Preparing all students for tomorrow’s challenges – life, college, and career 


School administrators have the ultimate responsibility for administering student discipline. Depending on the seriousness of the violation, administrators have the authority to determine the range of severity of the disciplinary action. At the request of a principal, the superintendent or his designee may suspend a student for more than 10 schools days, or expel the student. If a student is removed from the regular education program that he/she attends at school through an expulsion or suspension from school, the student is no permitted on school property and may not attend or participate in school-sponsored activities. We are reminding students that if expulsion or alternative placement is determined for a student due to disciplinary reasons, the student jeopardizes his/her opportunity and the availability to continue in classes such as Honors, AP, or duel enrollment courses that may not be available in alternative programs, as well as co-curricular activities and school events. We encourage all students to respect self and others and to exhibit responsibility.



Real Learning for Real Life

The world is changing - as are the expectations for what individuals need to be able to know and do in order to be successful in college, careers, and life.  We believe our education system must change to meet these challenges and provide today's students with the skills they need to be prepared for tomorrow.  The best way to prepare students for college, careers, and life after high school is to ensure that they graduate with a strong foundation in the core academic areas that will open doors in the future.  That's why Maryland and 45 other states are raising the bar for students by adopting the Common Core Standards.  Developed and validated by K-12, higher education, and industry leaders, the Common Core challenges our students to build a deeper understanding of subject matter, to learn how to think critically, and to apply their learning to the real world.
The Common Core Standards include 1) grade-specific academic standards in math and English/language arts, 2) higher, clearer, and deeper objectives based on what students must learn to succeed in college and modern careers, 3) creating the same expectations for all students so families can understand exactly what every student should be learning, and 4) emphasizing skills students will need for today's workplace; collaboration, critical thinking, communication, and creativity.  These standard are built upon strengths and lessons from the highest-performing states and countries.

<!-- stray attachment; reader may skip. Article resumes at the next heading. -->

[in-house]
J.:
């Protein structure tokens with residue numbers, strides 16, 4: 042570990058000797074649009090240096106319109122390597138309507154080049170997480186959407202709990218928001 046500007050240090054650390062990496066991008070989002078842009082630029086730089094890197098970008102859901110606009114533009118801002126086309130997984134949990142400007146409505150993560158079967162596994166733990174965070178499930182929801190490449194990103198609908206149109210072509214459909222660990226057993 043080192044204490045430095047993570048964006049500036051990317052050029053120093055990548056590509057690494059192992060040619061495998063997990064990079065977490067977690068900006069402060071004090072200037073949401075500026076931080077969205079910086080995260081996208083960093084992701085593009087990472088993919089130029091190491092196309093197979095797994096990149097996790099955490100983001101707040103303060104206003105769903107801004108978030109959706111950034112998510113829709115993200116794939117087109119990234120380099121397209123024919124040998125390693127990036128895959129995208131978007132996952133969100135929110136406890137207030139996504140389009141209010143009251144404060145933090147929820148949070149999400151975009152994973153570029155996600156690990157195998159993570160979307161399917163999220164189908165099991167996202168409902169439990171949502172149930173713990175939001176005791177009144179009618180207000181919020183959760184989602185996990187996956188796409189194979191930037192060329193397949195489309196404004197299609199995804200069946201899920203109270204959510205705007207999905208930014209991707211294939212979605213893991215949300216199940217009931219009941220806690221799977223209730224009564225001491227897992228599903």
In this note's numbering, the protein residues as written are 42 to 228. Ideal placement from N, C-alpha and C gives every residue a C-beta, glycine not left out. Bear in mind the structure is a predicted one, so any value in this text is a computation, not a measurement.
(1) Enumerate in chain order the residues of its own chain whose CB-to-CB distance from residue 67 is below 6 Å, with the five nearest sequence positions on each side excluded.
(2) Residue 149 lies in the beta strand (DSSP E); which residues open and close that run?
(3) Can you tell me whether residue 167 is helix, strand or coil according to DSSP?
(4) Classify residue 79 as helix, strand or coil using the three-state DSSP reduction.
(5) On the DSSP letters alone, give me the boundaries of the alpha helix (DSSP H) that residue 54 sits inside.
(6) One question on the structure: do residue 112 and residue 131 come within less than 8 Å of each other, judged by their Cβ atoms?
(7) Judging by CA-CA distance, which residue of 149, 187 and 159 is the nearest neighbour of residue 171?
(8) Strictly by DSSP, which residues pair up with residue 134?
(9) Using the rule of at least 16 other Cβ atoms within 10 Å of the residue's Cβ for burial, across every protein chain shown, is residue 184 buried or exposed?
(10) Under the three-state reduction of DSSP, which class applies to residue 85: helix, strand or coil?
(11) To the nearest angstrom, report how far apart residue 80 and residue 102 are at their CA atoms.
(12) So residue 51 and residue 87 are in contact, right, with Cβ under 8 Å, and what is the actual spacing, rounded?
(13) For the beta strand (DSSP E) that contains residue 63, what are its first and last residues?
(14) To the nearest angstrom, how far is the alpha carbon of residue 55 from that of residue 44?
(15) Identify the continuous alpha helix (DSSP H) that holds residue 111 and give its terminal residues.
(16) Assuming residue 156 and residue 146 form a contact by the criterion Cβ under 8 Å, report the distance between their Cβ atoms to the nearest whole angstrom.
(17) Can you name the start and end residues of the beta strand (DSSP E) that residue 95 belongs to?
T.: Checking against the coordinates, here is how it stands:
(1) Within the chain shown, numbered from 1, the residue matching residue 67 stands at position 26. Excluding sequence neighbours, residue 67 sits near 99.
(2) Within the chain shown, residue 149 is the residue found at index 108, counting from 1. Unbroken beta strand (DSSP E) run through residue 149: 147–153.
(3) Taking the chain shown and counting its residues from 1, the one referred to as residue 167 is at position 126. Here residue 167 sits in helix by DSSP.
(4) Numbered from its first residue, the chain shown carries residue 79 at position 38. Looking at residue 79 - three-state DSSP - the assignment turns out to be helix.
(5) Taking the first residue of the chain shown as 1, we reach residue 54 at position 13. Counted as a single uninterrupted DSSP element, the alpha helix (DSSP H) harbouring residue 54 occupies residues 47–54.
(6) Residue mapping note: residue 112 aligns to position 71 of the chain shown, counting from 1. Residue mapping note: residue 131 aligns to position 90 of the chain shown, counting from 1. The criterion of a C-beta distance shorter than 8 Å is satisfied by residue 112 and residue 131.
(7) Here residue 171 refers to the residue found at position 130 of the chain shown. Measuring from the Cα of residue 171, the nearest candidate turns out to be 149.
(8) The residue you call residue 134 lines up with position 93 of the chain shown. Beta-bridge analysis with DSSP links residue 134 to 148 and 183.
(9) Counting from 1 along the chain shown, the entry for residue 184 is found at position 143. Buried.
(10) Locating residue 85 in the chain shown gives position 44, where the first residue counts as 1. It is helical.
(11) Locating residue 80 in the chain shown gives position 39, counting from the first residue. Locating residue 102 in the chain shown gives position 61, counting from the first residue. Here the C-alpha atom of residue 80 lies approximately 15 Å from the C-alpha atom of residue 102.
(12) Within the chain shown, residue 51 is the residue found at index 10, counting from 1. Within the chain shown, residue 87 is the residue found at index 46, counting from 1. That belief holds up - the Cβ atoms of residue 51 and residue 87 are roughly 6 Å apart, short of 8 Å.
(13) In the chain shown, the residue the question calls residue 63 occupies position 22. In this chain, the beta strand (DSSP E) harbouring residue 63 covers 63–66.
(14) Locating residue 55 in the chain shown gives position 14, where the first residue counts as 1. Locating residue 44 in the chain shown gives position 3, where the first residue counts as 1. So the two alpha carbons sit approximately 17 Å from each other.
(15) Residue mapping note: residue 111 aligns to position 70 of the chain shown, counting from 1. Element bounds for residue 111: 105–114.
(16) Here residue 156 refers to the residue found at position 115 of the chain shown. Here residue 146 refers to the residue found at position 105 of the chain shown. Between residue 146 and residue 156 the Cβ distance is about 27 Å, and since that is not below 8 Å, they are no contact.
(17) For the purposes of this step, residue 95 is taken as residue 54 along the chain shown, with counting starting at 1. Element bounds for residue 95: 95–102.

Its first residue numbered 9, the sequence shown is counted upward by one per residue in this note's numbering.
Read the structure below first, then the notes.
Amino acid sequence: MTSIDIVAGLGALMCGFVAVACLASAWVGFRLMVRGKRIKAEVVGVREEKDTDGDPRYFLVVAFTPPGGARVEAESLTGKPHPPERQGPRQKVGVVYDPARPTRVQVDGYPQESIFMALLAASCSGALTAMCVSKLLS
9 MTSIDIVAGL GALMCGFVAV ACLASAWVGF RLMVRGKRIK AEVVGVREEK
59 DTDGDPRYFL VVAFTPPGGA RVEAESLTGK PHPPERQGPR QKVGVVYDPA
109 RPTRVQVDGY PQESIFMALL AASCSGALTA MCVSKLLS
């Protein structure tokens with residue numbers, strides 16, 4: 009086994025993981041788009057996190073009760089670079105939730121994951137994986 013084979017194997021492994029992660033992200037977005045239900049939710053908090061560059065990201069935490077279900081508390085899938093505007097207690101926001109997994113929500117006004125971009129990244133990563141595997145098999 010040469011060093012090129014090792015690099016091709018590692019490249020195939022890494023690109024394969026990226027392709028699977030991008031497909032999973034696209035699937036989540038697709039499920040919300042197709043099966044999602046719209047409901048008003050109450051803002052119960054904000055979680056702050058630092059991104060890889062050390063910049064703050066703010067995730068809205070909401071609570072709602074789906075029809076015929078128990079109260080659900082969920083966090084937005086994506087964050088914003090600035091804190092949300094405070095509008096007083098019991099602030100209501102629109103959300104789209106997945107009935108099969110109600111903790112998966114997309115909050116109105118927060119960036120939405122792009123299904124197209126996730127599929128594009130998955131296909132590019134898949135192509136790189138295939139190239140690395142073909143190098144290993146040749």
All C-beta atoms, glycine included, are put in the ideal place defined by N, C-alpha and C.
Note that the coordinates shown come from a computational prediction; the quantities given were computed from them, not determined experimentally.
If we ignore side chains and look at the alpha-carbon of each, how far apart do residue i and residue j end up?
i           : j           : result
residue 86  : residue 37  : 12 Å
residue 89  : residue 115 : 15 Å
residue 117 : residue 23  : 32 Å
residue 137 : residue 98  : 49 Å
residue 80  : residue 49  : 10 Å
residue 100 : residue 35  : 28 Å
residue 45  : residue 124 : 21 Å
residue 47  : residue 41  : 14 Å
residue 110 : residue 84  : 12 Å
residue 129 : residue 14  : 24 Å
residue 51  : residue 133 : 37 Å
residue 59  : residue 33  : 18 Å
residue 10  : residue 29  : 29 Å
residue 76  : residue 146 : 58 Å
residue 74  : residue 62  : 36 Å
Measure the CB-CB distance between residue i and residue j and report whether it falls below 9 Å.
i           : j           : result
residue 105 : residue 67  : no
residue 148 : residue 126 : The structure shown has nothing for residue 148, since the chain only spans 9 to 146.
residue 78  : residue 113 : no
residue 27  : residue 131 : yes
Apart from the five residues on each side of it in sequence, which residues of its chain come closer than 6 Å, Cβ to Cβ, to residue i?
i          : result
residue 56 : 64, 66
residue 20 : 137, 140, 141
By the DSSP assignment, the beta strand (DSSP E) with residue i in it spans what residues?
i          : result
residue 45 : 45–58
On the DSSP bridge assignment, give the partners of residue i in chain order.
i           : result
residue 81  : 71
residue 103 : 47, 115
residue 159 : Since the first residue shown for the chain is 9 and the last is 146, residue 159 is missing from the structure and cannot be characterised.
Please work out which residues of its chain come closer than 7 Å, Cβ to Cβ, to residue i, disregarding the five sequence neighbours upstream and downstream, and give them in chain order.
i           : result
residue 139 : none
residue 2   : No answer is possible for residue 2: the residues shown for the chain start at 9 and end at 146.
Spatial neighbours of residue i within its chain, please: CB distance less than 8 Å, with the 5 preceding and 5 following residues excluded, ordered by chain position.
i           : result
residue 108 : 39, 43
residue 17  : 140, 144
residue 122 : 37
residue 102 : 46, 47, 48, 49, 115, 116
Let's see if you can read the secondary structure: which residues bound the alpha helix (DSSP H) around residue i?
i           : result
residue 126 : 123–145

To learn more, go to:
or call 1-888-246-0016



Allegany High School was initially a secondary education school held on Maryland Avenue. The school had many different locations including the building on Greene Street, which was used as a combined middle/high school until the spring of 1926. At that time, the building now known as Allegany High School had been completed and was prepared to accept Greene Street’s high school students. Middle school students remained on Greene Street until the school later burned down in 1932. “Camp Hill,” the site of the present day Allegany, was a federal army camp during the Civil War.

The “Camper” mascot is a source of much confusion. Many think the name refers to Campobello, a Shawnee Indian Tribe camp, from which the federal army took their name during the Civil War. This, however, is a misconception. The most widely accepted theory is that Civil War General Lewis Wallace and his men began calling the site that during their time here. The word Campobello in fact does not appear in any Native American language and is derived from Latin, meaning “camp of war”.

Allegany High School, with an enrollment of approximately 800 students, focuses on student achievement and success in all areas of education through a combined effort of students, faculty, staff, home, and community. The class of 2008 marked an important milestone for Allegany: the students were the 120th class to graduate from the long-standing institution